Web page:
5. Howard Stelzer: Normal Bias
6-cassette set, Ballast
Some say they miss the earlier, more frantic bent to Howard Stelzer’s work. I’m not sure why. Not because it wasn’t great — it was — but because that doesn’t seem to be where Stelzer is right now. Currently, he’s taking his time, and thankfully, the tiny but mighty Ballast label lets him do so over six cassettes. I haven’t been this excited about the exploitation of tape as an instrument since Francisco López’s Paris Hiss cassette. Sometimes it’s just the pure pleasure of decaying sound or the wow of the flutter. But over the expanse of Normal Bias, Stelzer weaves layers of ambient sound into the tale of the tape, the figurative peeking out from amid the layers of mechanical abstraction. It’s a long walk Stelzer is taking the listener on here, not the mad dash of his earlier work. But that doesn’t mean it’s any less engrossing, or that there’s less of a reason to whistle your way through this glorious graveyard of tape. You’re just not running now.
6. black tape for a blue girl: these fleeting moments
CD, projekt records
A return to form, of sorts, for goth/darkwave group black tape for a blue girl. With its texture and music, this release feels the closest to 1993’s this lush garden within that black tape has been in a long time. As good as the intervening albums were, none of them felt quite as satisfying. So, it’s a joy to hear not only that old sound again, but also bandleader Sam Rosenthal adding new elements and colors to his arsenal — there are even a couple of effective Moog workouts! Reflecting the new/old angle is Oscar Herrera’s return to the fold; he helmed the group’s lead vocals for the first five albums. Rosenthal also brought Herrera’s daughter, Dani, on board to add her own vocal touches. Herrera’s singing has always been a little too much, but that’s why it’s always been so effective as well — a wake-up call to shock you into what’s happening in the rest of the song. Dani’s vocals are a strong, more traditional counterpoint. The harmonies throughout remind me of John Doe and Exene’s not-quite-right, but ultimately wildly effective way of paralleling the human voice. As similar as these fleeting moments feels to lush garden, the song structures and arrangements that Rosenthal’s been working out over the course of the intervening albums are on full display here. Without such previous albums as halo star or 10 neurotics, there would be no these fleeting moments. Whatever it took, black tape for a blue girl has made it back to where they began, and the garden they found is more lush and vibrant than ever. Play it again, Sam.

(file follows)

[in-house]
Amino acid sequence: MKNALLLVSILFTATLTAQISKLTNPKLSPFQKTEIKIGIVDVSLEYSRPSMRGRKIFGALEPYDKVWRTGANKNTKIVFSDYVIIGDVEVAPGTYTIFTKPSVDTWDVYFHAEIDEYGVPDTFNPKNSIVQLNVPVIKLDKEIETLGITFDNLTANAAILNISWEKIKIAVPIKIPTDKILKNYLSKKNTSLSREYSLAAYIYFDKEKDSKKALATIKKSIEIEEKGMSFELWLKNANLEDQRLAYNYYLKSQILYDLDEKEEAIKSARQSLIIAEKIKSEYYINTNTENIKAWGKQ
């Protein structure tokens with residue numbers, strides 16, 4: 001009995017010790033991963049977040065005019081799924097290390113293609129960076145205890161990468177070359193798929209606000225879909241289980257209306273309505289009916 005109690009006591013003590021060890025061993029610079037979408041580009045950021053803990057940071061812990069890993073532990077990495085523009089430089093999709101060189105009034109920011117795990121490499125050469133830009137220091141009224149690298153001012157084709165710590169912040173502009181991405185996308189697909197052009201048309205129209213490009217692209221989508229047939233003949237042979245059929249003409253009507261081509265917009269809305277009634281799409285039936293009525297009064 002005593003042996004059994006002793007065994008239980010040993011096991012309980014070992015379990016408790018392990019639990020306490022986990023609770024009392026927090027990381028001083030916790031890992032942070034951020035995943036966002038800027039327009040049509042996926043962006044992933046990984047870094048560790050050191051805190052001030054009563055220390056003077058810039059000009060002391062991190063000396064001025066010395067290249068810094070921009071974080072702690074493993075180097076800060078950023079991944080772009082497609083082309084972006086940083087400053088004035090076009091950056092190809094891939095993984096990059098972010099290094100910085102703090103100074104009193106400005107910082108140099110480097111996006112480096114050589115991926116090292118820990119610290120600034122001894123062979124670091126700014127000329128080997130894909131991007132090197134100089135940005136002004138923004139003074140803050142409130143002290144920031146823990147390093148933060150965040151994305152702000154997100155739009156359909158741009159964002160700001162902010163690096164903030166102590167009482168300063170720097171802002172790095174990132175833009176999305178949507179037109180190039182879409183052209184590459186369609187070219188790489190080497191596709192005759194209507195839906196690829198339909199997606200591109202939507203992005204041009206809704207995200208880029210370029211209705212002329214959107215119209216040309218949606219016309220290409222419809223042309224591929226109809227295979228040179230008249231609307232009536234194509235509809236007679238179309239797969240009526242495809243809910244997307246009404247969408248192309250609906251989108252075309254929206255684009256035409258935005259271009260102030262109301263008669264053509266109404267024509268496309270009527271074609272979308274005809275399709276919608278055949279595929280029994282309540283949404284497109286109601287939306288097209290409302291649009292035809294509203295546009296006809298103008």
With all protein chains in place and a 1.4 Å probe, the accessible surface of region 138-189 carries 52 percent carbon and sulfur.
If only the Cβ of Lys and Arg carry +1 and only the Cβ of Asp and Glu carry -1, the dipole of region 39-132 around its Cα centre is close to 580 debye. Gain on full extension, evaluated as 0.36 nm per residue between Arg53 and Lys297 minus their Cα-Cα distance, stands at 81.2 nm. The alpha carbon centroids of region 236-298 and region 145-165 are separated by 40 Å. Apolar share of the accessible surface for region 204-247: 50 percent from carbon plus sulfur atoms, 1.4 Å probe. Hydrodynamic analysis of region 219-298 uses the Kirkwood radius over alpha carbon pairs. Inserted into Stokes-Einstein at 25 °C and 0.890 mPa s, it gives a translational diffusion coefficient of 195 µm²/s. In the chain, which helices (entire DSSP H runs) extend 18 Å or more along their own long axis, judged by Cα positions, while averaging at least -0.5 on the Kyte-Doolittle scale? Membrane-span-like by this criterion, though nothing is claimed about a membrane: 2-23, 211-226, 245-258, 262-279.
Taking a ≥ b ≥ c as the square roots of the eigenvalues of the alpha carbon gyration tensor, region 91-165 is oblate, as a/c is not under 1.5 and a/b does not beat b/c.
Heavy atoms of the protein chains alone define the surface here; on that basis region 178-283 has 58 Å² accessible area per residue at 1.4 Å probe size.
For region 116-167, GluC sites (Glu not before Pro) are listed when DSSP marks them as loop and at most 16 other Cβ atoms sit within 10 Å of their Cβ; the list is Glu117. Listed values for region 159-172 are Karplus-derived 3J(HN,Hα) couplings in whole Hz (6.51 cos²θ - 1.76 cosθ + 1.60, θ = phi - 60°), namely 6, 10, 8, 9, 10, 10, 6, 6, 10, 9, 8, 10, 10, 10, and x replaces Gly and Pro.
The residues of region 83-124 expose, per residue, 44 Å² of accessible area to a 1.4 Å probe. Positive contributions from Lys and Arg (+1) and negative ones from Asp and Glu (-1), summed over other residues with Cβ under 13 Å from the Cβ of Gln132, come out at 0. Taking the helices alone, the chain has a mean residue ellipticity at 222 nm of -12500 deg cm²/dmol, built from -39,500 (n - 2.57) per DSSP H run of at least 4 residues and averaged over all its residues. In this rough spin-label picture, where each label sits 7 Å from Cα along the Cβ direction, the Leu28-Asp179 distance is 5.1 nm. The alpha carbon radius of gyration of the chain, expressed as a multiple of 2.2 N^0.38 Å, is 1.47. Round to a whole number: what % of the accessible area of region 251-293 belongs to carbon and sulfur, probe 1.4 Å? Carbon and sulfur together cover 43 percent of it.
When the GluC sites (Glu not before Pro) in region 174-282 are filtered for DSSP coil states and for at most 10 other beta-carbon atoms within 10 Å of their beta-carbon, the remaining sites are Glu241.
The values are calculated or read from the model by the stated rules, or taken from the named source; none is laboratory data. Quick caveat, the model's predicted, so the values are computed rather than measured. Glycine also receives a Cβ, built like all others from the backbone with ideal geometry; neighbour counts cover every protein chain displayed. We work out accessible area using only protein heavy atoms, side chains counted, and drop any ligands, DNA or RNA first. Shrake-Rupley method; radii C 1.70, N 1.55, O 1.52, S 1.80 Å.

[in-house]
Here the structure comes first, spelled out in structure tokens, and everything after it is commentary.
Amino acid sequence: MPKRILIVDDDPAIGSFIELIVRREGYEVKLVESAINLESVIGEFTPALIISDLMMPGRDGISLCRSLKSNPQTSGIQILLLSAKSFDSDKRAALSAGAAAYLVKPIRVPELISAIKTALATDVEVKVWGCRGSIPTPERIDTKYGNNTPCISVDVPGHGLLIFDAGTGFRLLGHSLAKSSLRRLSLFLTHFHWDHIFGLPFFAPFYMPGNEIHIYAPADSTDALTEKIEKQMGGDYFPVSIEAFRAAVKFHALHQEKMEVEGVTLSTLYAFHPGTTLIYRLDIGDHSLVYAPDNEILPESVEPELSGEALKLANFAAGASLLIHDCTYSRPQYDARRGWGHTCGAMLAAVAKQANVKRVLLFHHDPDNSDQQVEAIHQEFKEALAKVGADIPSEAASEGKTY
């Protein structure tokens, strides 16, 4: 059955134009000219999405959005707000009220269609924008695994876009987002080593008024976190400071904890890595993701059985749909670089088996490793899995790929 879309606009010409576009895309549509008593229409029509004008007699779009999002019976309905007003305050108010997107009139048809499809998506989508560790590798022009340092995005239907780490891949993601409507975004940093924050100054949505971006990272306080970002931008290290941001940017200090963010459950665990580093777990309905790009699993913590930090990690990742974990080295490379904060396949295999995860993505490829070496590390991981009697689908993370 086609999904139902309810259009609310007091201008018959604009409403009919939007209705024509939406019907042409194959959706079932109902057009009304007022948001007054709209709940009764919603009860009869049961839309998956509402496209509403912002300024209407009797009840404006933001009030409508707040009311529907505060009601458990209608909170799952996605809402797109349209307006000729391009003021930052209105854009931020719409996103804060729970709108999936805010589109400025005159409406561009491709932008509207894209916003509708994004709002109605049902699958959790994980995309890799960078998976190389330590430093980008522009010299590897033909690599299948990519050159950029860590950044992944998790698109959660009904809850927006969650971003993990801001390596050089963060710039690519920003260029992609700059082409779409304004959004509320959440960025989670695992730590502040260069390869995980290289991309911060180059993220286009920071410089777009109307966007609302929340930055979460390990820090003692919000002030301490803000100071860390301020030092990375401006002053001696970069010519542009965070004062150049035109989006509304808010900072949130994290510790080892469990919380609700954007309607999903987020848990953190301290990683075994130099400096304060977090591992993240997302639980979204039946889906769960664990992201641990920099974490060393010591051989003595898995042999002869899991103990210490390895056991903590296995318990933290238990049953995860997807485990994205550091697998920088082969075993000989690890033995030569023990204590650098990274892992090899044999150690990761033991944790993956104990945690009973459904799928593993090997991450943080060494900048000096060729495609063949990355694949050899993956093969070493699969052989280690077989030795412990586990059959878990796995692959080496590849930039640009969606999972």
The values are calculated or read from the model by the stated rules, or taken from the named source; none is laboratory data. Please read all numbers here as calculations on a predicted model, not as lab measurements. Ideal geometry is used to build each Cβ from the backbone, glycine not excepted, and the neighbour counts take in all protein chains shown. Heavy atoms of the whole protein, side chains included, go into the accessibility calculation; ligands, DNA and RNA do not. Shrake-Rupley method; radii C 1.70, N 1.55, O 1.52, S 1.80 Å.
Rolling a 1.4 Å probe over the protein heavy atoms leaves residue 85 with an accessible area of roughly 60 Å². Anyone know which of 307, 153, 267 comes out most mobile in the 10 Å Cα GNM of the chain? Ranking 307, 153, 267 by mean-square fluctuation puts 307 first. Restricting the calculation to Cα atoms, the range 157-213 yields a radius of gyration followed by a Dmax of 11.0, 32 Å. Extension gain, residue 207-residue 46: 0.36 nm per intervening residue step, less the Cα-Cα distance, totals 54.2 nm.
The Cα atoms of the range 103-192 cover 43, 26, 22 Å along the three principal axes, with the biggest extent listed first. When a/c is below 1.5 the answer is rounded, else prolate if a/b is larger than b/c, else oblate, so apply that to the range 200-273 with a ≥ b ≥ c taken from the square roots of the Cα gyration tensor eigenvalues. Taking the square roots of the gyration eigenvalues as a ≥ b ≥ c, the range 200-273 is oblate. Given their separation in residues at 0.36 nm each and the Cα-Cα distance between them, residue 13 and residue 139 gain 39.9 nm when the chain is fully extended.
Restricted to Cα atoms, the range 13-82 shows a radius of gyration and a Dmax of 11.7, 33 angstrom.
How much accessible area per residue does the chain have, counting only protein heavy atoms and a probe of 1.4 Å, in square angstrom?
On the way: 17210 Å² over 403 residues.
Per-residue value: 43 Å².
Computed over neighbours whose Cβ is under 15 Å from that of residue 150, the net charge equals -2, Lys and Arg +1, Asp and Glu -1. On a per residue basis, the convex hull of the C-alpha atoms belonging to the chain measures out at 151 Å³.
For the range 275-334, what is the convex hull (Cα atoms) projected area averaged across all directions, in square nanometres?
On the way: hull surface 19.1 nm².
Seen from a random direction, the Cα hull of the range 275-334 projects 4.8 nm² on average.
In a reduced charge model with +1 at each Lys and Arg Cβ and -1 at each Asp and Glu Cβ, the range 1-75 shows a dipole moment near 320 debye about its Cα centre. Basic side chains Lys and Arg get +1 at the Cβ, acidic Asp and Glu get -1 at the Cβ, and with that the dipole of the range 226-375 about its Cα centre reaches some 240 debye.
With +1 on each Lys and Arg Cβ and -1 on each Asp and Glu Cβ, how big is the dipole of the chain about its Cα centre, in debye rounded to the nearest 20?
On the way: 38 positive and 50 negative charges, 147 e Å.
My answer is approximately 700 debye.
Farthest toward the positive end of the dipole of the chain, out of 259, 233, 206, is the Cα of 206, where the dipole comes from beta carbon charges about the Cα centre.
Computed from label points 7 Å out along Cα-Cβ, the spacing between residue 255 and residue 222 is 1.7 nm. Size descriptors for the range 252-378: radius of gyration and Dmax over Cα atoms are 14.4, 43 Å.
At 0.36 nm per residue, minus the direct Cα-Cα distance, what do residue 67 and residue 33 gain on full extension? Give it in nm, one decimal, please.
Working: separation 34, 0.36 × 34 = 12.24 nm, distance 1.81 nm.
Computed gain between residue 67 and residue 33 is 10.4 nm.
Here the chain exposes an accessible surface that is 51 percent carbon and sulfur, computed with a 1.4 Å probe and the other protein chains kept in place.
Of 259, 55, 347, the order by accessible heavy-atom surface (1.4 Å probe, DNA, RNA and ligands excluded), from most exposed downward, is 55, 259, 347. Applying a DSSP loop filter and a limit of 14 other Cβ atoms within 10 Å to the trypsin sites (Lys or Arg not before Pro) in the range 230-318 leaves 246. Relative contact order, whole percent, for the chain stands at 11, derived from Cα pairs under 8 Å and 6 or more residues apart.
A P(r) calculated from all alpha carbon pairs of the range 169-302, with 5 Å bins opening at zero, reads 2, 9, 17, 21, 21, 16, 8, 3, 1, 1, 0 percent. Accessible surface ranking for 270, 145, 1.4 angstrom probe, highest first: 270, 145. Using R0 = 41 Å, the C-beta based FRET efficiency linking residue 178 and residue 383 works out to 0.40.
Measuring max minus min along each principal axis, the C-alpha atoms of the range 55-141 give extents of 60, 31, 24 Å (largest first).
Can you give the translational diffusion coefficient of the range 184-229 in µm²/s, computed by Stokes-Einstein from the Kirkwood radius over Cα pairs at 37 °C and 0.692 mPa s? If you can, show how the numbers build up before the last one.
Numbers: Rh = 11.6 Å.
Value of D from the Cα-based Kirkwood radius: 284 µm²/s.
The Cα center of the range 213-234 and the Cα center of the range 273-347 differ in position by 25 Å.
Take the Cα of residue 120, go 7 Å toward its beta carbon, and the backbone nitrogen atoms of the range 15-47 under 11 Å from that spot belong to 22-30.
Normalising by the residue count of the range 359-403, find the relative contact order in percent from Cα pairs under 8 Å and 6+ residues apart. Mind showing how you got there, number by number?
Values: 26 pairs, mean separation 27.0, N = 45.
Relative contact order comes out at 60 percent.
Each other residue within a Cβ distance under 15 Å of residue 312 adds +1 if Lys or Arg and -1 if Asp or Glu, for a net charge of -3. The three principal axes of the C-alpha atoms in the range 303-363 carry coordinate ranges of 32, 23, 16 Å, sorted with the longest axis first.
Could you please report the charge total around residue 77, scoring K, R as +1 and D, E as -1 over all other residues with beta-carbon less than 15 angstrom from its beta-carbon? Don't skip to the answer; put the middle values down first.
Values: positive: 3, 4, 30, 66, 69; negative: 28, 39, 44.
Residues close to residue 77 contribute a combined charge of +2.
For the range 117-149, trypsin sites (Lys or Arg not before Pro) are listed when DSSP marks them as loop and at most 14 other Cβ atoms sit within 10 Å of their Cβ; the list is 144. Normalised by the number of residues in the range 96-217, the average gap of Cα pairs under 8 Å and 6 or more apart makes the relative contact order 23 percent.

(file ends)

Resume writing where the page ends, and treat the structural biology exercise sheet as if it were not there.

7. Jeff Conklin: The Avant Ghetto
Radio show, WFMU
Working too many late Sunday nights into Monday mornings was helpful in the bill-paying department, but more importantly, it led to my finally being able to properly listen to Jeff Conklin’s weekly radio show on WFMU, The Avant Ghetto. I met Conklin via noise music channels on Twitter, but soon found out that his tastes were much wider than the sound and the fury. I also learned that they were pretty impeccable. The show fills the airtime with noise, avant jazz, psych jazz, psych rock, psych folk, folk, solo acoustic guitar, new age, and of course, the occasional jam from Conklin’s beloved Grateful Dead. Every week is an education and a lift on the cusp of a new week. We need a miracle every day, or at least every Sunday night. In 2016, Conklin provided that in spades.
8. Frans de Waard: This Is Supposed to Be a Record Label
Book, Timeless Editions
This book was just as bananas and cranky as I’d hoped it would be. In the ’90s, de Waard worked for the influential experimental Amsterdam record label and shop Staalplaat. The label’s unorthodox approach, in that sounds and visuals usually came before profit, led to many adventures. It was a fine setup for those of us who were either creating and listening; it was a stressful situation for anybody trying to make a go of it as a sustainable business. Yet they did, and now we have the snarks of endearment and the music to show for it. Although familiar with his work in sound and music, I hadn’t had the chance to hear de Waard’s writer voice until I came across his long-running music review newsletter, Vital Weekly. The matter-of-factness reflects the brutal honesty of his assessments. A dry, wicked sense of humor is always close to the surface. De Waard’s keen observational eye made This Is Supposed to Be a Record Label a must-read for anybody interested in underground sounds. If you’d like to see how the sausage gets made when the butchers take their lessons from Mekanik Kommando, well then, there’s no better place to start.